Contact details available on our Contacts Page
Who we are:
This is a project of the new LVL1 Makerspace in Louisville, KY. We’re a team of makers, hackers, and amateur scientists, loving the incredible number of challenges this has presented. Also on the team are remote members, contributing significantly, despite the distance: Bill Brown, Huntsville, Al, considered the father of modern amateur weather ballooning, Carl Lyster, WA4ADG, electronics designer from the Spirit of Knoxville.
See our team at the White Star Team Profiles Page
What we’re doing:
The goal is to be the first amateurs to send a small robotic weather balloon all the way across the Atlantic Ocean to the other side. That’ll mean landing it in Europe, Africa, or points east. No amateur balloon has ever done this. The farthest amateur flight so far sank just 200 miles short of Ireland in 2008.
What’s the timeline like?
LVL1 decided to embark upon the project in August 2010, and we aim to be across the ocean by April 2011. A small balloon flight will be flown in October to raise funds for the trans-atlantic missions. November/December will be the first launch of a full size trans-atlantic capable balloon. 5 or so will be readied to fly through the winter, whenever a long steady Jet Stream comes by.
We must ride the roaring jet stream windcurrent, which circles the northern globe like a snake in the winter. A shallow river, only 2 miles thick, and 100 miles wide, and over 100MPH, it rarely comes down as far as Kentucky, so we wait for it patiently. When it arrives, we release our balloon to climb up to 35,000 ft above ground, into the core of this wind river overhead. It’s a very hard challenge to stop it’s climb just right – for if we go too far past, too much of our balloon’s helium will flow overboard and our explorer will fall right back to Earth.
We talk with it through satellites, remotely listening to it’s struggles to stay in the bucking, roaring, jet stream. It doesn’t have much it can do to fight it though, it can only throw weight overboard when it feels like it’s falling. We will occasionally help it make decisions, sending instructions to it, as we can see the weather forecasts it can’t, and know much more than we could pack into its tiny brain. Our website will show you the latest condition and position of the robot balloon, on the FlightTracking page, so you too can watch it float across the world.
Can we do this?
Balloonists might say it’s highly unlikey for an upstart makerspace to go from 0 flights to the best in the world in 8 months. Nothing but PR nonsense they might say. And if it were any other 1 year old makerspace, they might be right. But we are not alone in this effort. Makers are some of the smartest, most capable and creative people you can find, and they know how to get things done. We are politely standing on the shoulders of those experienced giants before us- the way science was meant to be. The UKHAS, Bill Brown, Spirit of Knoxville, Cornell University Project Blue Horizon, Global Western’s Mark Caviezel, and other existing groups have been willing to share the knowledge and scientific data they gained to further the cause of amateur science ballooning. Through this public sharing of knowledge, we are able to bootstrap ourselves onward and upward, with a minimum of reinventing the wheel. We can do this, and we can do it now, thanks to other’s dedication to sharing their knowledge.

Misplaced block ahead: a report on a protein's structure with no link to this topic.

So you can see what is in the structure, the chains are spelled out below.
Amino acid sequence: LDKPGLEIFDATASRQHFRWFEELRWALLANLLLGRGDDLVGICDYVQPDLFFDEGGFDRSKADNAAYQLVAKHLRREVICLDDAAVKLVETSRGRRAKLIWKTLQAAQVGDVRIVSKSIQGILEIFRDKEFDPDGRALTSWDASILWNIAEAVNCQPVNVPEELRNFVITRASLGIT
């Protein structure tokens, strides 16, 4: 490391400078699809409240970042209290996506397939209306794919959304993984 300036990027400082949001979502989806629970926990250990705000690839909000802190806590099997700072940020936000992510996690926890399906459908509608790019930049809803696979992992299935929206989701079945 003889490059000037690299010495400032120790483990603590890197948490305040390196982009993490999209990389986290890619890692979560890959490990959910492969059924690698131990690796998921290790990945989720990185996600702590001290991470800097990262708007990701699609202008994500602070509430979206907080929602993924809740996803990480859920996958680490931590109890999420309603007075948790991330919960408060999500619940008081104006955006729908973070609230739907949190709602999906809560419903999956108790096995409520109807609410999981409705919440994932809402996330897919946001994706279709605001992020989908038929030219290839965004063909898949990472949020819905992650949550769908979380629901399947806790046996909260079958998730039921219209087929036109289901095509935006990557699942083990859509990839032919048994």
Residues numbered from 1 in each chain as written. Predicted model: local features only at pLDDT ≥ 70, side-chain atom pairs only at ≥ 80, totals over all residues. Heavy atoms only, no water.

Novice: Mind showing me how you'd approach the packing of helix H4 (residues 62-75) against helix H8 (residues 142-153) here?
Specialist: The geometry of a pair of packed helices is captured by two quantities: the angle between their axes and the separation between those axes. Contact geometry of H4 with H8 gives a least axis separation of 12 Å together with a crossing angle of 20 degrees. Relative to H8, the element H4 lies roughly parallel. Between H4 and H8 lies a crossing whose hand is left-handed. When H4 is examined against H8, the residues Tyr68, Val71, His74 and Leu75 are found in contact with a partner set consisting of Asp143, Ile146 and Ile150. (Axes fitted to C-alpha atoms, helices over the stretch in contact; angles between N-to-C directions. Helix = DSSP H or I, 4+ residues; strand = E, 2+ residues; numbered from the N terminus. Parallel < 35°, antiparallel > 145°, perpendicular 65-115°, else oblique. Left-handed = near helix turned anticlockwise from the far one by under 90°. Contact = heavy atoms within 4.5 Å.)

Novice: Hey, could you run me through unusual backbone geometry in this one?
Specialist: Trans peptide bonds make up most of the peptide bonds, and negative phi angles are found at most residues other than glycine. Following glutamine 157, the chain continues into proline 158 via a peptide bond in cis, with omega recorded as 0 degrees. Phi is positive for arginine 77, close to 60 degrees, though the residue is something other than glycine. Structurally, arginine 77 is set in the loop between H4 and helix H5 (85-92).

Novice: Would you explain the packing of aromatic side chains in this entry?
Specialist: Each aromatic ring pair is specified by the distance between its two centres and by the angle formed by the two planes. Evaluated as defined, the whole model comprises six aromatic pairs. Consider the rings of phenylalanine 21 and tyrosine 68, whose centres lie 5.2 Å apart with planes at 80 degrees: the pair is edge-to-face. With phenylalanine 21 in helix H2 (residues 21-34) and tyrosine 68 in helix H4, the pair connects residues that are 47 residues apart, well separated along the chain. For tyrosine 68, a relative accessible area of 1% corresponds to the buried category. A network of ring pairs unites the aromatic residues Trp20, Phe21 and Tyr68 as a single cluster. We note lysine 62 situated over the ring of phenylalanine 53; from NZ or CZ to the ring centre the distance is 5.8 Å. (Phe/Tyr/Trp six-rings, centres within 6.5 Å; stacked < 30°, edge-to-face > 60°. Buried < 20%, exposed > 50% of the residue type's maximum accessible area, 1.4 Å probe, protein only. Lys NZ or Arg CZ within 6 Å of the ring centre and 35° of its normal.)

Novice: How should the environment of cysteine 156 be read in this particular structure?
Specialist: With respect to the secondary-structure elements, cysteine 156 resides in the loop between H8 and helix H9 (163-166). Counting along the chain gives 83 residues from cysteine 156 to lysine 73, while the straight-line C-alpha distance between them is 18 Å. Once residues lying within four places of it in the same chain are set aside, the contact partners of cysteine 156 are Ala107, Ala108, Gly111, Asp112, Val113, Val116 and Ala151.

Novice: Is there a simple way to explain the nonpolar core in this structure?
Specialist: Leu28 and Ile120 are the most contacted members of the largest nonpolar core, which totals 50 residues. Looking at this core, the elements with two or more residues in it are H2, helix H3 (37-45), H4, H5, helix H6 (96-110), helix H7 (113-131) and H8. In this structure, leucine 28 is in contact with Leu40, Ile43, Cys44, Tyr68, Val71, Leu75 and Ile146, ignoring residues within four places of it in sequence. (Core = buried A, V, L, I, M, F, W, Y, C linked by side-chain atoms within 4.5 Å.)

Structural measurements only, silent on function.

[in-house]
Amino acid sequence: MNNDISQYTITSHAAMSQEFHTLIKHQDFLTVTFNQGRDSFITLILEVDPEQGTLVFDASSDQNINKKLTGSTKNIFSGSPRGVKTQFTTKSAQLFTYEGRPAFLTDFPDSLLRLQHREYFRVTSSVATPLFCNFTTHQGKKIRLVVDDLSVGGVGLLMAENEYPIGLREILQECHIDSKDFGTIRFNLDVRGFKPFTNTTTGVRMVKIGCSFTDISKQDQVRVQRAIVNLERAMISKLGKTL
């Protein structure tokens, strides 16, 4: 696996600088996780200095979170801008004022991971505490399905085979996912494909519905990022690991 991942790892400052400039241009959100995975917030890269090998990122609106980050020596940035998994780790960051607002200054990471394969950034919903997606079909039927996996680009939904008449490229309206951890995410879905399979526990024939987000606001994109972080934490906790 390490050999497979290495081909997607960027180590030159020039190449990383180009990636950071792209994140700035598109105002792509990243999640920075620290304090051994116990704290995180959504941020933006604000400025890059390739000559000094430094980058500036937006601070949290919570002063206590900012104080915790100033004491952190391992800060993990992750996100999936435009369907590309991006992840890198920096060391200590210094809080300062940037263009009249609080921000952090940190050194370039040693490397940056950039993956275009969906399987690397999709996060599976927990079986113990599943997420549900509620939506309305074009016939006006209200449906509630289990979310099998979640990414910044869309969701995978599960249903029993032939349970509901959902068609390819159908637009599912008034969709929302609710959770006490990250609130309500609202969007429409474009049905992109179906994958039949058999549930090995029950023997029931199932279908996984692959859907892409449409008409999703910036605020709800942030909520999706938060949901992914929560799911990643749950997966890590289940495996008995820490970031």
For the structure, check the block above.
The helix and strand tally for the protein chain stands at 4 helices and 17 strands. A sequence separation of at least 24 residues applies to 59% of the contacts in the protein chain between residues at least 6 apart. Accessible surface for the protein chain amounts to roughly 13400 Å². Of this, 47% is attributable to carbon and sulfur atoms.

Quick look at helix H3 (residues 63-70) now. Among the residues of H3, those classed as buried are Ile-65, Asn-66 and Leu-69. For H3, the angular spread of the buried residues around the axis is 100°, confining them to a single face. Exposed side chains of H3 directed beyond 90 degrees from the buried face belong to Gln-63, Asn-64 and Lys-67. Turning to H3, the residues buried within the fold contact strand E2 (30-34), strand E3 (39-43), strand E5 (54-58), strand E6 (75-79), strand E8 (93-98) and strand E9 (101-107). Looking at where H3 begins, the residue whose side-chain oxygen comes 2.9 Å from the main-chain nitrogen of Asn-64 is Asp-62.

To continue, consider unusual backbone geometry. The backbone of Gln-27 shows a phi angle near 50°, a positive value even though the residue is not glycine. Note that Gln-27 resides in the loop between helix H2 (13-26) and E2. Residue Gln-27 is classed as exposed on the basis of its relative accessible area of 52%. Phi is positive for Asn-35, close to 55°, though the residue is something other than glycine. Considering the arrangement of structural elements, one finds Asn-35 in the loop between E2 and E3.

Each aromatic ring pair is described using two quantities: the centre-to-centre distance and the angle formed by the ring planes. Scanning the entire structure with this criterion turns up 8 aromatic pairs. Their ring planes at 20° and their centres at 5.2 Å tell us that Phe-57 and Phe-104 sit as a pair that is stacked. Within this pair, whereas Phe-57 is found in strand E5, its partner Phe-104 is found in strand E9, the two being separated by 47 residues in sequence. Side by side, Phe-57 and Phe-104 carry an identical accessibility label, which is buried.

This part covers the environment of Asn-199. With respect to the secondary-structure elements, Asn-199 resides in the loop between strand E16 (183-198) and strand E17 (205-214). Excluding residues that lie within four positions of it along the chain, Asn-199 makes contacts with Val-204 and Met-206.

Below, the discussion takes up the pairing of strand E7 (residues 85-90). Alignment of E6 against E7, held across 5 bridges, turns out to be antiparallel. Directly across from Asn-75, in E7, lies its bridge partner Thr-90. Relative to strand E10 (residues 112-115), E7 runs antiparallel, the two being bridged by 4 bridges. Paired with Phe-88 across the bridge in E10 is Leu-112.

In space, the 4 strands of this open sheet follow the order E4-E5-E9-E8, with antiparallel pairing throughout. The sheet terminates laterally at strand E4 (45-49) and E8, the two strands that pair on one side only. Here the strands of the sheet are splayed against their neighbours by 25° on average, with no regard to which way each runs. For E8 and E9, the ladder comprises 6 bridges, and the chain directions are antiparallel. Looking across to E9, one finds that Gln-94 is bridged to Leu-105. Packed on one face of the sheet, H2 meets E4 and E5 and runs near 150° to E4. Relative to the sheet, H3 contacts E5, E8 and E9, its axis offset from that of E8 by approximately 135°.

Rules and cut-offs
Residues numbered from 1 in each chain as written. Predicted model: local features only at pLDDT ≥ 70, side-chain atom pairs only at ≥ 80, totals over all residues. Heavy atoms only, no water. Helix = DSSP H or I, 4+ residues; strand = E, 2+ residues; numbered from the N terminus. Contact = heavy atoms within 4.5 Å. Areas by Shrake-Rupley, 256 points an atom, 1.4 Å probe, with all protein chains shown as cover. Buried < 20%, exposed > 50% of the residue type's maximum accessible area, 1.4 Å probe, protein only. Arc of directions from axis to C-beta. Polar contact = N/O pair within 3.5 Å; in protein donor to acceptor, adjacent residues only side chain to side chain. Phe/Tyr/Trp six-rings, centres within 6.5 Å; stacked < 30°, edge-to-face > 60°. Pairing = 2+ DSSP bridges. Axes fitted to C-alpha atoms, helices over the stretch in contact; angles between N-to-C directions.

Ok, so we can do it, but is it really legal and safe?
It is legal in the USA, defined by our federal regulations pertaining to aviation and radios. It is legal over international waters. Over other countries, the law is difficult to determine, we can land the flight remotely, and will do so if requested by a particular other country.
Is it safe? Yes. In fact, it is far safer than previous amateur trans-atlantic balloon fights. We have designed our system and procedures from A to Z to ensure maximum safety for people, airplanes and property on the ground. Though few of our robot balloons are likely to drown at sea, so I suppose the safety depends on your point of view . We actually are doing many more safety procedures and systems than we’re required to by law because we think that’s the right thing to do.
The safety of the people and property on the ground comes from the fact that it won’t be falling out of the sky like a rock, it will in fact use its own balloon as a drag-chute to keep the landings soft.
The safety of the airplanes is assured through our procedures and communications. The way airplanes typically maintain safety from collision is by having their position watched and controlled by Air Traffic Controllers on the ground. This is either through radar, or voice communications between pilots and controllers. We’ll be doing the same voice communication that airline pilots do over the Atlantic. Airlines often use unreliable, hard to understand, VHF or shortwave radios for this. We’ll be doing this by clean satellite data links and clear telephone calls to ATC from our Mission Control. More details are on our TechDetails pages.